Chinese cities roll out gait-recognition technology, alarming human rights campaigners

Surveillance technology claimed to recognise walkers from a silhouette with 94% accuracy

Facial-recognition technology has been a feature of Chinese cities for some time, but authorities now have a new tool in their arsenal: gait-recognition.

The technology the work of Chinese firm Watrix claims to be able to identify people from up to 50 metres away, by examining the way they move. It works whether or not the subject has their back turned at the time or not, and even with silhouettes.

Thus far, the technology has been used in Beijing and Shanghai to spot jaywalkers, as well as in conjunction with other methods to track down suspects.

Advertisement - Article continues below

China has already pushed ahead with using facial recognition as a key part of law enforcement, but many fear the worst for a country that has a concerningly poor record of both defending human rights and tolerating dissent.

"It would have been good to hear countries speak out about the tools like digital surveillance used to restrict human rights," Frances Eve, a researcher for the Network of Human Rights Defenders told The Telegraph.

Beyond concerns about misuse, the technology also raises questions about citizen privacy. "States have an obligation to provide their citizens with public security, but not at the expense of fundamental human rights," Sophie Richardson, the China director at Human Rights Watch, told the paper.  

Advertisement
Advertisement - Article continues below

"Much of this technology gathers information about people without their knowledge and consent. They have no way of knowing until it's somehow being used against them. There is no effective way of pushing back against that."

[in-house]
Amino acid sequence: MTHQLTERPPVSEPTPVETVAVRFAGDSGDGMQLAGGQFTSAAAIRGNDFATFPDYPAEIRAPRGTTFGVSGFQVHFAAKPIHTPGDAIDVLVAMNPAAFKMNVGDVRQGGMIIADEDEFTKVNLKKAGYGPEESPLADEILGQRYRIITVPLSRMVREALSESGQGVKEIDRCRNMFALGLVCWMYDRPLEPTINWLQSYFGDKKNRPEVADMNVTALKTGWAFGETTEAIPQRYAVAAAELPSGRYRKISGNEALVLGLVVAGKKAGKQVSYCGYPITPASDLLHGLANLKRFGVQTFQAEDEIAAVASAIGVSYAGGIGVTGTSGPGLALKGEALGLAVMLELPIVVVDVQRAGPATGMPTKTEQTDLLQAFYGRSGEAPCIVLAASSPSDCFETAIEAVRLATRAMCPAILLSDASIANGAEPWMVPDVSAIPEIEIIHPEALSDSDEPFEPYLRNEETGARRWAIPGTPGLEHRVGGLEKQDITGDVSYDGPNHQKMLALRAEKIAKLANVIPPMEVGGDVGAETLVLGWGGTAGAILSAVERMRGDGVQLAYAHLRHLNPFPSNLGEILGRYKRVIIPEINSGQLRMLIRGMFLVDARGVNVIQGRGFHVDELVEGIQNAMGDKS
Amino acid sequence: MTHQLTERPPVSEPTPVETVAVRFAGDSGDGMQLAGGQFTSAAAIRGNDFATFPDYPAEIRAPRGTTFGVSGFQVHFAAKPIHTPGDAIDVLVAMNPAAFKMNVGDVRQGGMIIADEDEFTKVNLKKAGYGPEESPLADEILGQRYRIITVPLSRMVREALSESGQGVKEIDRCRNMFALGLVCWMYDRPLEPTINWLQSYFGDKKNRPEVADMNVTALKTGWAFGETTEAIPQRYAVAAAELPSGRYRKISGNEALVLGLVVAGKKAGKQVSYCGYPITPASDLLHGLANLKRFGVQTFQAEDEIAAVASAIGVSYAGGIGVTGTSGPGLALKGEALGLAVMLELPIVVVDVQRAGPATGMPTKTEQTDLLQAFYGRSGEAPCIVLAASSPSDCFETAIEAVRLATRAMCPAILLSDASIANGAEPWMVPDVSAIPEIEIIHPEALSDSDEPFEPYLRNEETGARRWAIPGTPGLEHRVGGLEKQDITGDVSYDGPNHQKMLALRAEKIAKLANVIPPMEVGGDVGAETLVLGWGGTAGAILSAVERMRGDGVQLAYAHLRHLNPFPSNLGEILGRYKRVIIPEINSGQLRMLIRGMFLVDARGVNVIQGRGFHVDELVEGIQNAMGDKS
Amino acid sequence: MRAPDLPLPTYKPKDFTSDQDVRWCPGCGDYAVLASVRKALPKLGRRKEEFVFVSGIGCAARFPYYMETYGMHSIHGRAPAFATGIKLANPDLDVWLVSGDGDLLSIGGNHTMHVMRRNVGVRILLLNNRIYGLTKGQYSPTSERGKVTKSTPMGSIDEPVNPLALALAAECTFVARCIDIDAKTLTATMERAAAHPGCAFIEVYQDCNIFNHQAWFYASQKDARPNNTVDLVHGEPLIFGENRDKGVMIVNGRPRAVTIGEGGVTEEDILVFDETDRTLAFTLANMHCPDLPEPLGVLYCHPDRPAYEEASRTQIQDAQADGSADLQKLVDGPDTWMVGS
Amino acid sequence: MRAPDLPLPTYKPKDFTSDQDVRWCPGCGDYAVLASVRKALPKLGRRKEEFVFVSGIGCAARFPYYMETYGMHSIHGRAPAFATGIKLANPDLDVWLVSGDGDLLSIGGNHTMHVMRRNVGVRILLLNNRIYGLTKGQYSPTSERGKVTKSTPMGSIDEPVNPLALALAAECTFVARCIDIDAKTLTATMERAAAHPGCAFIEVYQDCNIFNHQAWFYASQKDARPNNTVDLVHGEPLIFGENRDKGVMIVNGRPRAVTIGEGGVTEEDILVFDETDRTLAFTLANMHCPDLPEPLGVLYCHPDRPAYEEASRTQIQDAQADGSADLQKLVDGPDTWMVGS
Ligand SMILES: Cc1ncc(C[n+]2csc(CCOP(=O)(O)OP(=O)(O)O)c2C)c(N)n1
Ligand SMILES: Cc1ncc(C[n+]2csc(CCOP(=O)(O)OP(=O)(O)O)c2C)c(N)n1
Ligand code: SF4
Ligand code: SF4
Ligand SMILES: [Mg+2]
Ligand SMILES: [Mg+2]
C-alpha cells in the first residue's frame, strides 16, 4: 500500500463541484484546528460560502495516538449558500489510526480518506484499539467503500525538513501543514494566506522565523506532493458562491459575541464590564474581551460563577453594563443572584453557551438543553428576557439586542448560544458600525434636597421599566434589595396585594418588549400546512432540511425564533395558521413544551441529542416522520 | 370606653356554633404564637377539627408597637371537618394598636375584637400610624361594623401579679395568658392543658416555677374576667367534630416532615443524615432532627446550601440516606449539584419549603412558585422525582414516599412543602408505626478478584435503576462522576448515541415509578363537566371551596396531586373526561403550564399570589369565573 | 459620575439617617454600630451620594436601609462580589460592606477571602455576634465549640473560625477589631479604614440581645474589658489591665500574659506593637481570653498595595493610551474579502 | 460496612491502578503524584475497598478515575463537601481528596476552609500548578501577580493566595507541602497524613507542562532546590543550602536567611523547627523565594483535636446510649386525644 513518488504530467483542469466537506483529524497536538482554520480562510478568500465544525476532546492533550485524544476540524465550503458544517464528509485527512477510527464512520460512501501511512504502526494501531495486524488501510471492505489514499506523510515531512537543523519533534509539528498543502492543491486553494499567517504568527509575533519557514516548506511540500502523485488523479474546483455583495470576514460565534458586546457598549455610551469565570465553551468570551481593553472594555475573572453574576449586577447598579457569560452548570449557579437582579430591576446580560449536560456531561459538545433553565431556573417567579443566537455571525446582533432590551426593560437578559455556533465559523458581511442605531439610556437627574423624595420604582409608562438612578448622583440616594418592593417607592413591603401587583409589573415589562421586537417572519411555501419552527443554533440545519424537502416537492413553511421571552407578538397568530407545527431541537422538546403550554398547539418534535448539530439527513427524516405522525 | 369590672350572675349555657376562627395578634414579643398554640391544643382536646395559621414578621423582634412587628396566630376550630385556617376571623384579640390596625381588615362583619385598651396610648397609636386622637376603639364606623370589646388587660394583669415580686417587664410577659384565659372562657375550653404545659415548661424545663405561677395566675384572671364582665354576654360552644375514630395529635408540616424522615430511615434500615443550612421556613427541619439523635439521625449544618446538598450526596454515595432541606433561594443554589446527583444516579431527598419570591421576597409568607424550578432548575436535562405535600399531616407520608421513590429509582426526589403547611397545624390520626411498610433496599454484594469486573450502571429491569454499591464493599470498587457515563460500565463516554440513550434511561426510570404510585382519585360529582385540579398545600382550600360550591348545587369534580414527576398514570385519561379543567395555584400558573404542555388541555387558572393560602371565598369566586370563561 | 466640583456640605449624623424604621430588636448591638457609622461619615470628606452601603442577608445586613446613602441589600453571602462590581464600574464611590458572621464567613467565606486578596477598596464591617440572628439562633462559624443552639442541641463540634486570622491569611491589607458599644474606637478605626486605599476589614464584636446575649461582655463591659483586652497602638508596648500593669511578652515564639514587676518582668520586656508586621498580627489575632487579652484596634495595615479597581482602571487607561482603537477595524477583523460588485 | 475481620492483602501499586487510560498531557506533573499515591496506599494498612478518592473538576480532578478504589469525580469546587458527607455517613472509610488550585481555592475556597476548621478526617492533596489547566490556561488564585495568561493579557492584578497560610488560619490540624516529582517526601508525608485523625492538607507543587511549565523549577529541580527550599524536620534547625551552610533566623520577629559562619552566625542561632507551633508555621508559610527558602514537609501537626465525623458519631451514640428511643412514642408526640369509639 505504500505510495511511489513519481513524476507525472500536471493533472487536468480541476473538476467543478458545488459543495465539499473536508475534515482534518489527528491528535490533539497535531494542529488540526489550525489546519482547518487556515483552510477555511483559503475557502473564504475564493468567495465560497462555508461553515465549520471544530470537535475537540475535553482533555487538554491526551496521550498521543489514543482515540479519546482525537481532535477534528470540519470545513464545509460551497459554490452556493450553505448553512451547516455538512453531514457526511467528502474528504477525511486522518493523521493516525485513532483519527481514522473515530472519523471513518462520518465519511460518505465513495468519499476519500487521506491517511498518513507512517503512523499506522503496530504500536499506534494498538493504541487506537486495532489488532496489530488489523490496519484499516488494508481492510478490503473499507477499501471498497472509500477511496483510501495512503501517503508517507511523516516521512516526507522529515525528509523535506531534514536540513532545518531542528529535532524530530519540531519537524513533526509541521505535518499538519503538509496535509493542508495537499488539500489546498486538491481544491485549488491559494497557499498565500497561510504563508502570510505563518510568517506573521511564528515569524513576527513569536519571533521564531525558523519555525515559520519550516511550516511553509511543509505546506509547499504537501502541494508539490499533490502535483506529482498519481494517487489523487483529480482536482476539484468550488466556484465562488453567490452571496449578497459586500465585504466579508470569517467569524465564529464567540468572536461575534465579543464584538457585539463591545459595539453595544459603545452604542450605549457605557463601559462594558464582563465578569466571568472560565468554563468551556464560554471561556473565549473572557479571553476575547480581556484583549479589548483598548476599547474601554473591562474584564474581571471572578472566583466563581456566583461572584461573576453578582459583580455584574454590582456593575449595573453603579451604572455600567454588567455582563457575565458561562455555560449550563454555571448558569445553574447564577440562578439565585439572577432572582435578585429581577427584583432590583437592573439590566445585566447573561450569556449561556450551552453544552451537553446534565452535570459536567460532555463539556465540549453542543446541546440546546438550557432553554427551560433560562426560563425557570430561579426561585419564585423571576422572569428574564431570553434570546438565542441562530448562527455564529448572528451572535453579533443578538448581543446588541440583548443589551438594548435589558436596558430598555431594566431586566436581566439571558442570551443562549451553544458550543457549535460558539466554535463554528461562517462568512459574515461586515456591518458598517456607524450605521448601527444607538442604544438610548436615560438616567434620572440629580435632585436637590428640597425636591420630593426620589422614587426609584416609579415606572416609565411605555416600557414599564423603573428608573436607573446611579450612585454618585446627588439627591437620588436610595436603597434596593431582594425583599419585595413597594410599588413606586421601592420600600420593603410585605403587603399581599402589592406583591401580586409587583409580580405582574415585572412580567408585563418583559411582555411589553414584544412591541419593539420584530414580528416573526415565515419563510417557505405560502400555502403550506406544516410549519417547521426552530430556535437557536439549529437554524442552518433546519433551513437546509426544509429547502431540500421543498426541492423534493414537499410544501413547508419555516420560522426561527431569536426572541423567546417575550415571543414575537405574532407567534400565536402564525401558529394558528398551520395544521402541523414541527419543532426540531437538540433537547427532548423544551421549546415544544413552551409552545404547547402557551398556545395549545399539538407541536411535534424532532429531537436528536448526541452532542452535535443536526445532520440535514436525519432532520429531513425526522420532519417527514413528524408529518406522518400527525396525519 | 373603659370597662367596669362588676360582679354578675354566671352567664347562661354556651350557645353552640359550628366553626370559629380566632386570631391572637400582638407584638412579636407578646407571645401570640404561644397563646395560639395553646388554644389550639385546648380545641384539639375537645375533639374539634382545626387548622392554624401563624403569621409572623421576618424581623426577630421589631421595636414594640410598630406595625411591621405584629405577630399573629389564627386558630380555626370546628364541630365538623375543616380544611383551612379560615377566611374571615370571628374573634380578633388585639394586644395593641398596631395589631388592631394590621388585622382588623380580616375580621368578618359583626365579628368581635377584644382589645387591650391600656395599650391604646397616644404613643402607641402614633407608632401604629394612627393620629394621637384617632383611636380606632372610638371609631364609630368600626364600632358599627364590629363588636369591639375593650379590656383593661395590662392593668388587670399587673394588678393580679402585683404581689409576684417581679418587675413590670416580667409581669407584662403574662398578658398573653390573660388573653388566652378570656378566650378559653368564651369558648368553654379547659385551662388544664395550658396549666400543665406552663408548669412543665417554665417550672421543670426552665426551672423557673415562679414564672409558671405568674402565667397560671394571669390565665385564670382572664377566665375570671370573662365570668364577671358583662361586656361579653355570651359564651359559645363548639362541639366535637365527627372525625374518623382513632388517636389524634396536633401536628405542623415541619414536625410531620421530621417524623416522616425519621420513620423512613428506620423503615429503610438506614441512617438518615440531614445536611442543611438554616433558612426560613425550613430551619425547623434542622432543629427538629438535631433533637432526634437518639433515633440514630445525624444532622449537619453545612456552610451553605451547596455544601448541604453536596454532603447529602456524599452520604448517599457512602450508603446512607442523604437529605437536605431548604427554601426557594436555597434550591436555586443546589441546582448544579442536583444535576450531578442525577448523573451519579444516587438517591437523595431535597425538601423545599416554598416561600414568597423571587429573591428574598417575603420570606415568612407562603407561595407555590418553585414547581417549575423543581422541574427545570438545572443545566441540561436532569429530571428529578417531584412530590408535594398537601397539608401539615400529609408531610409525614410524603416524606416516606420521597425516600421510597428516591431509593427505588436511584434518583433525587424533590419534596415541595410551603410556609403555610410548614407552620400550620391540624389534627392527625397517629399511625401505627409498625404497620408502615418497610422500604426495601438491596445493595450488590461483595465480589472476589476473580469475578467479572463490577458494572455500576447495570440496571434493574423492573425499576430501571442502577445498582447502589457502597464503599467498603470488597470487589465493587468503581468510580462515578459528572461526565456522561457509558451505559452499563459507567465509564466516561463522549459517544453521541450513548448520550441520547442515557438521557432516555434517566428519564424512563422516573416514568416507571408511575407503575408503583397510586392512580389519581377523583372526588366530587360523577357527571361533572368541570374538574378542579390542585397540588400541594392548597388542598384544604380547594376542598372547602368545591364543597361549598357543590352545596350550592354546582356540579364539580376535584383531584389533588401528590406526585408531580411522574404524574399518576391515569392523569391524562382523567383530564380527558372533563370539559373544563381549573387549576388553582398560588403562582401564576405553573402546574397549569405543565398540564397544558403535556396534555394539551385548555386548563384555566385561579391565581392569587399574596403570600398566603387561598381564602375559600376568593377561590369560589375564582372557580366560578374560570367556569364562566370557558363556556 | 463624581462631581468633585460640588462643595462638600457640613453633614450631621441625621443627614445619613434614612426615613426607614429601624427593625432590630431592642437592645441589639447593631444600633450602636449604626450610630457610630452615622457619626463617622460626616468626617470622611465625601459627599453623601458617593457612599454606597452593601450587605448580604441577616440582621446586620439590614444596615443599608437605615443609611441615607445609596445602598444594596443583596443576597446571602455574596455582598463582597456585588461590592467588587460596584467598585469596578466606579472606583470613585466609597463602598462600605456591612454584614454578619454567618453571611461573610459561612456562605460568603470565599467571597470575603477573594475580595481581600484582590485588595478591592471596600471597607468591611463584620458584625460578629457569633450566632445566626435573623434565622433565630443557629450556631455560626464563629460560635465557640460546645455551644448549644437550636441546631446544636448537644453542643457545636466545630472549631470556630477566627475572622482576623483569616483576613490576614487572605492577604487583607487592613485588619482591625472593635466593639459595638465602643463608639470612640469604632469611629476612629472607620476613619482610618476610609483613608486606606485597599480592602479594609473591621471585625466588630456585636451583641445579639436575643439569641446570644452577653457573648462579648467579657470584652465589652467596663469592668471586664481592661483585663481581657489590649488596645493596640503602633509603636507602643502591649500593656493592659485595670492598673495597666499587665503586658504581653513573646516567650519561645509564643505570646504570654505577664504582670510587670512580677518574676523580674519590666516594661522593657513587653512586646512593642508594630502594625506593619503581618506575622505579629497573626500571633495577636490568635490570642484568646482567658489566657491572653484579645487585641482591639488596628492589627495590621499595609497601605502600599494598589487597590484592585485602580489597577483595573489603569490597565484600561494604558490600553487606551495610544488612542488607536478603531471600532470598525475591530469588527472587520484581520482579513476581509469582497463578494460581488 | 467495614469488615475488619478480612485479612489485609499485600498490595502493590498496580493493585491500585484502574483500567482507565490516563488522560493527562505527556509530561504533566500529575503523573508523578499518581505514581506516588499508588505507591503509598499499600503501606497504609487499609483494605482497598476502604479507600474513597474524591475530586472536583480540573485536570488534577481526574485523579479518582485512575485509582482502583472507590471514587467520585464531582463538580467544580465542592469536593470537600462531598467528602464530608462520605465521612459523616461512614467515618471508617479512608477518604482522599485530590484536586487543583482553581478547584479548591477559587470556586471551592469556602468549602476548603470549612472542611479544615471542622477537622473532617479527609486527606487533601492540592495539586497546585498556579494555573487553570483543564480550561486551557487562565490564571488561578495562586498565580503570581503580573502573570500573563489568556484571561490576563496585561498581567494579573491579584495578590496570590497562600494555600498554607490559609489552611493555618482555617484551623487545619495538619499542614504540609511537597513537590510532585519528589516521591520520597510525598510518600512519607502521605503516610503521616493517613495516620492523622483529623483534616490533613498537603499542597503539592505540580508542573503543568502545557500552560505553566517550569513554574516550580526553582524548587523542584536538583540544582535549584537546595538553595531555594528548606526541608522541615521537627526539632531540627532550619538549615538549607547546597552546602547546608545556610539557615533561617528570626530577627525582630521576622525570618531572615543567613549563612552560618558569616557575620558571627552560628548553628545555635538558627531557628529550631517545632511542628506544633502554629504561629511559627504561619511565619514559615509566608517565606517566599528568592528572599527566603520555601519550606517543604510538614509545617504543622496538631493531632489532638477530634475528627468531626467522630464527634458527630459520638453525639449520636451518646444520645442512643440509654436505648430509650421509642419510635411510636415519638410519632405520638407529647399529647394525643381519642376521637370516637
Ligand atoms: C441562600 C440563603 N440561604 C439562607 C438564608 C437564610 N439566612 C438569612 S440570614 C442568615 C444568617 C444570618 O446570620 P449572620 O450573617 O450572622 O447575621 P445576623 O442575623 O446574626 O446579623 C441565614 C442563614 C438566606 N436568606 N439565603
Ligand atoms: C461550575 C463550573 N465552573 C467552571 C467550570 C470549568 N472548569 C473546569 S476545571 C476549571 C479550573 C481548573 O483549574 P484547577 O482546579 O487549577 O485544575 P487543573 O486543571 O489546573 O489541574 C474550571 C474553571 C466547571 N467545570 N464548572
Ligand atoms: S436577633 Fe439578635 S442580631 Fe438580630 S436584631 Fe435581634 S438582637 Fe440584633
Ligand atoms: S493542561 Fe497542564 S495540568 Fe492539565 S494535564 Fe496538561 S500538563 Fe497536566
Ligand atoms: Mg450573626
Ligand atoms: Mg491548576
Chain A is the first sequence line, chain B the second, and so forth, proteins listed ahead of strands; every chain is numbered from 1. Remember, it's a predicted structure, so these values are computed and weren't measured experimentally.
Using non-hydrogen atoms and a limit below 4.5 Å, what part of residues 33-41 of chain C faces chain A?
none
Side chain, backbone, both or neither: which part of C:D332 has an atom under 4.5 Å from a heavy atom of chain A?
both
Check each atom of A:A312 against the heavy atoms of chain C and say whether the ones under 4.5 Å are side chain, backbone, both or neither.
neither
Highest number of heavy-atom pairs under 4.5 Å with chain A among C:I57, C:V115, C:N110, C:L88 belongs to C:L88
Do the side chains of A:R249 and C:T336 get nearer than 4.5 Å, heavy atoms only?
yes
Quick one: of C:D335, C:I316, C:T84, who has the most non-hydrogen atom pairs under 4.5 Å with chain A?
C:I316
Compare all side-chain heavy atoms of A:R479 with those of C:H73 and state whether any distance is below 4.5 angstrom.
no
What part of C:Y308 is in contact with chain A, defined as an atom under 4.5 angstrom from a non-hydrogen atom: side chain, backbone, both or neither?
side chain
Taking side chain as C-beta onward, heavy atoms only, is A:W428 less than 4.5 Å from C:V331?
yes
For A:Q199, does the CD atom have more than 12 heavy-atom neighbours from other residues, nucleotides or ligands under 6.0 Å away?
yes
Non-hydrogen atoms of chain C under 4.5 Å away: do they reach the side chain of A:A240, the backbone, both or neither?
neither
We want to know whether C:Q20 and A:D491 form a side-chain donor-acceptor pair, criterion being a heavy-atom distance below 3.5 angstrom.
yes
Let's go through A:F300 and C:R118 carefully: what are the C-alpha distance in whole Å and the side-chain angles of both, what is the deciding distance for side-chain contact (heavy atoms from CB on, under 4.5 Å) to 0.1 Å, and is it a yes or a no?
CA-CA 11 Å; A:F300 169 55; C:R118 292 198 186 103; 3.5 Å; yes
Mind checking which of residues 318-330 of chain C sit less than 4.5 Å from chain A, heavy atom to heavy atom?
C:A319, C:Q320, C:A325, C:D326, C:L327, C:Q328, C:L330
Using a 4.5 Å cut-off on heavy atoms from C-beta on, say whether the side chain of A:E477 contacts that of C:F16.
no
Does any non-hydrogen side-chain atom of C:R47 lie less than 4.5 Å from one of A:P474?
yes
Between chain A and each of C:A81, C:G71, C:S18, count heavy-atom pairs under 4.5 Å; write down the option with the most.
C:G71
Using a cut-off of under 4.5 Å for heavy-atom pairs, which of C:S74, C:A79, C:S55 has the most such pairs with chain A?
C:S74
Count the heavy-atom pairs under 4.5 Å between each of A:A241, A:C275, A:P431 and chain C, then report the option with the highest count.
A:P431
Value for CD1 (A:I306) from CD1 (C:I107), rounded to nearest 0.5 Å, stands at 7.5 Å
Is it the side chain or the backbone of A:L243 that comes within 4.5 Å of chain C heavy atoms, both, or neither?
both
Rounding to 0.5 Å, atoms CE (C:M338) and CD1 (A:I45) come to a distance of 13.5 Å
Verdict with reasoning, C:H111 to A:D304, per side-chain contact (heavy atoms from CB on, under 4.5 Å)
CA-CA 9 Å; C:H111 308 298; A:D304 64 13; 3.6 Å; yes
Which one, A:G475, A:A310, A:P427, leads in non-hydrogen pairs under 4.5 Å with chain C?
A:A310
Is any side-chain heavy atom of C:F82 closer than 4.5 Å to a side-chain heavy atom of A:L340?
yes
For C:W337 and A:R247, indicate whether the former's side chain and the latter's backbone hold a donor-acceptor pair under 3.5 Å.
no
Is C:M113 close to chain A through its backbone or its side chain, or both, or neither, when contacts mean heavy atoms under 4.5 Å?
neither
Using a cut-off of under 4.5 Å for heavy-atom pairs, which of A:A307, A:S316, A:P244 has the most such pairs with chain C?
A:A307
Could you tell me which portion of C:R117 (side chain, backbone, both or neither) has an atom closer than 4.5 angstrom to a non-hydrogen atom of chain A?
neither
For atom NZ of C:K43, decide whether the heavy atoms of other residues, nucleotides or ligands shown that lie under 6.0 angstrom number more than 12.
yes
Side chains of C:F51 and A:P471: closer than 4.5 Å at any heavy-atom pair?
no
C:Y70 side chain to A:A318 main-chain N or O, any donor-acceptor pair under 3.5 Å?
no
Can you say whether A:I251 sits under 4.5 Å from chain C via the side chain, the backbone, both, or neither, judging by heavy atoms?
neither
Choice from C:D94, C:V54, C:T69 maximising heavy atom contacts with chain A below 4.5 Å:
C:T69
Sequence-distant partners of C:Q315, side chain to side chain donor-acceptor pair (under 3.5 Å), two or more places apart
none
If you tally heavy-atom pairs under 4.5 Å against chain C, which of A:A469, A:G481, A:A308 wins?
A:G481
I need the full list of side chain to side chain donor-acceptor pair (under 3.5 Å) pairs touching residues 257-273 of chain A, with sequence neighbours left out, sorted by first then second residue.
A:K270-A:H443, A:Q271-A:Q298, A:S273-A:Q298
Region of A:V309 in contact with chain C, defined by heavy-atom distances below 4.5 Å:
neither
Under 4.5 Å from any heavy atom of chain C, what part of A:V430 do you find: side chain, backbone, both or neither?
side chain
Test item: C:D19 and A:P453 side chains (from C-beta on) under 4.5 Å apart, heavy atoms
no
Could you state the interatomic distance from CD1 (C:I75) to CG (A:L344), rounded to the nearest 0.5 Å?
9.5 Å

Advertisement - Article continues below

Of course, compared to facial-recognition software, gait recognition has a serious disadvantage: while changing your facial appearance is a potentially costly and risky undertaking, adjusting the way you walk is reversible, and can be done in an instant without involving anyone else. Whether the technology would pick up on somebody adjusting the way they move to trick the system is something that will likely be put to the test if the technology becomes more widespread across the country.

zhaoyan / Shutterstock.com

Featured Resources

Navigating the new normal: A fast guide to remote working

A smooth transition will support operations for years to come

Download now

Putting a spotlight on cyber security

An examination of the current cyber security landscape

Download now

The economics of infrastructure scalability

Find the most cost-effective and least risky way to scale

Download now

IT operations overload hinders digital transformation

Clearing the path towards a modernised system of agreement

Download now
Advertisement

Most Popular

Visit/laptops/29190/how-to-find-ram-speed-size-and-type
Laptops

How to find RAM speed, size and type

24 Jun 2020
Visit/policy-legislation/data-protection/356344/eu-institutions-warned-against-purchasing-any-further
data protection

EU institutions told to avoid Microsoft software after licence spat

3 Jul 2020
Visit/mobile/mobile-phones/356335/the-man-has-ruined-my-huawei-p40
Mobile Phones

The Man has ruined my Huawei P40

3 Jul 2020